New Gang, Old Myths
And things to look for in
the coming tax debate
by Robert S. McIntyre
The American Prospect magazine,
When George W. Bush hired a new economic
team in early December, the press speculated that the change might
bring a glimmer of fiscal sanity to the administration's economic
policies. Don't bet on it. As Stephen Moore of the anti-tax, big-deficit
Club for Growth cult put it, whatever their past records, the
new boys will "drink the Kool-Aid." And sadly, our president
will keep proposing the same solution to every problem: more tax
cuts for the rich. So here are a few things to keep in mind as
this year's tax debate unfolds.
THE MYTH OF THE "DOUBLE TAXATION
The newest item on Bush's tax-cut agenda
is to reduce or end taxes on dividends. This could be very expensive,
not to mention hugely regressive. Most of the $25 billion a year
in tax cuts from wiping out personal income taxes on dividends
would go to the best-off 1 percent of the population. In defense
of this latest upper-income giveaway, Bush invokes tax equity.
Corporate profits are unfairly "double-taxed," he says,
first when companies earn them and second when they're distributed
to shareholders as dividends. This argument, however, has two
defects: It's conceptually unsound and it's factually untrue.
When you think about it, the number of
times something is taxed isn't an enlightening concept. Instead,
it's the total amount of taxes, whatever the number of levels,
that matters. Who wouldn't feel better, for instance, about paying
two taxes of o percent each rather than a single tax of 40 percent?
So the real question is: Does the so-called
double tax on corporate profits cause them to be overtaxed compared
with other kinds of income? It sure doesn't look that way.
Corporations have become extremely agile
and aggressive at avoiding the corporate income tax. Consider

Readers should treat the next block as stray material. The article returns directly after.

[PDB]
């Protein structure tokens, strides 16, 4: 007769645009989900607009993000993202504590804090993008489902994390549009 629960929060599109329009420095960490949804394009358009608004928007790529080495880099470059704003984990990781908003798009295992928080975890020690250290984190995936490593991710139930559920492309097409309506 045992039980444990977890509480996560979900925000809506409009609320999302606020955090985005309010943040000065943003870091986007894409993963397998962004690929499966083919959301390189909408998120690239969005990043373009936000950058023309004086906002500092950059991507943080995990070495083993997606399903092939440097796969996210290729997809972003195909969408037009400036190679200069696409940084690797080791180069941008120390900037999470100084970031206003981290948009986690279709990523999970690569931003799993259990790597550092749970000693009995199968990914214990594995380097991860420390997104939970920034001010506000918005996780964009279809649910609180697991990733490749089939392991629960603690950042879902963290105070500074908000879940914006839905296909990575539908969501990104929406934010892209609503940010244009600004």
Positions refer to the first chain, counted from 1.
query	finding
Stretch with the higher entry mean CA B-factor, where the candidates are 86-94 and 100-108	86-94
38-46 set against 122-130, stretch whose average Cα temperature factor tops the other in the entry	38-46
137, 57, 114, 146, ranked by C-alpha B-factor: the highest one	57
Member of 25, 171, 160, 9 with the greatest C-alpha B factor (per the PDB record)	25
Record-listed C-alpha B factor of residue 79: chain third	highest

CSX, the company run by Bush's choice for Treasury secretary,
John Snow. Snow brags, in CSX's latest annual report, that his
firm "pursue[s] all available opportunities to pay the lowest
federal, state and foreign taxes ... [and] works through the legislative
process for lower tax rates." As a result of all that clever
accounting and lobbying, CSX paid nothing at all in federal income
taxes on its $934 billion in U.S. profits over the past four years.
Instead, it got tax rebate checks from the Treasury totaling $164
billion. Obviously, CSX s profits can't possibly be double taxed.
CSX's tax dodging may be particularly
egregious, but most other companies do their darnedest to avoid
taxes, too. Last year, less than half of actual total corporate
profits were subject to corporate income tax. And most dividends
are tax-exempt, too, because they're paid to pension funds and
tax-exempt retirement accounts. Bottom line: Last year, barely
more than half of corporate profits were subject to tax at any
level. So the double tax doesn't come close to taxing corporate
profits even once.
If at first you don't succeed, make the
same mistake again.
The so-called stimulus bill enacted in
January of 2002 showered $114 billion in new tax breaks on corporations
over three years, supposedly to encourage more investment. It
was an odd approach, given that overcapacity and lack of demand
were- and are-our problems. The Business Roundtable, which represents
the country's 200 largest corporations (who got most of that money),
sadly reported this November that three-fifths of its members
plan to lay off workers in 2003, and more than 80 percent will
not increase their plant and equipment investments. Those failed
business giveaways were enacted in lieu of a stimulus package
that might have actually done some good by putting money in the
pockets of consumers who'd spend it.
Cutting taxes in 2011 to spur the economy
The other major item in Bush's tax package
would extend his 2001 tax cuts past their scheduled 2010 sunset
date. The president's argument is that rich people will work harder
and save more now if they're assured of tax cuts in 2011 and 2012.
This argument seems perfectly stupid to me, but it's the one dearest
to the president's supply-side heart.
Finally, Bush's previous tax cuts have
already helped produce a pretty simulative fiscal policy. Federal
deficits outside of Social Security are likely to exceed 3 percent
of the gross domestic product this year-considerably more if we
go to war. But because of the president's warped priorities, we've
gotten very limited bang for the buck from all those stimulus
dollars. We could do something more useful to spur the economy,
but to afford it, we'll first have to repeal some of Bush's costly
ROBERT S. McINTYRE is the director of
Citizen's for Tax Justice.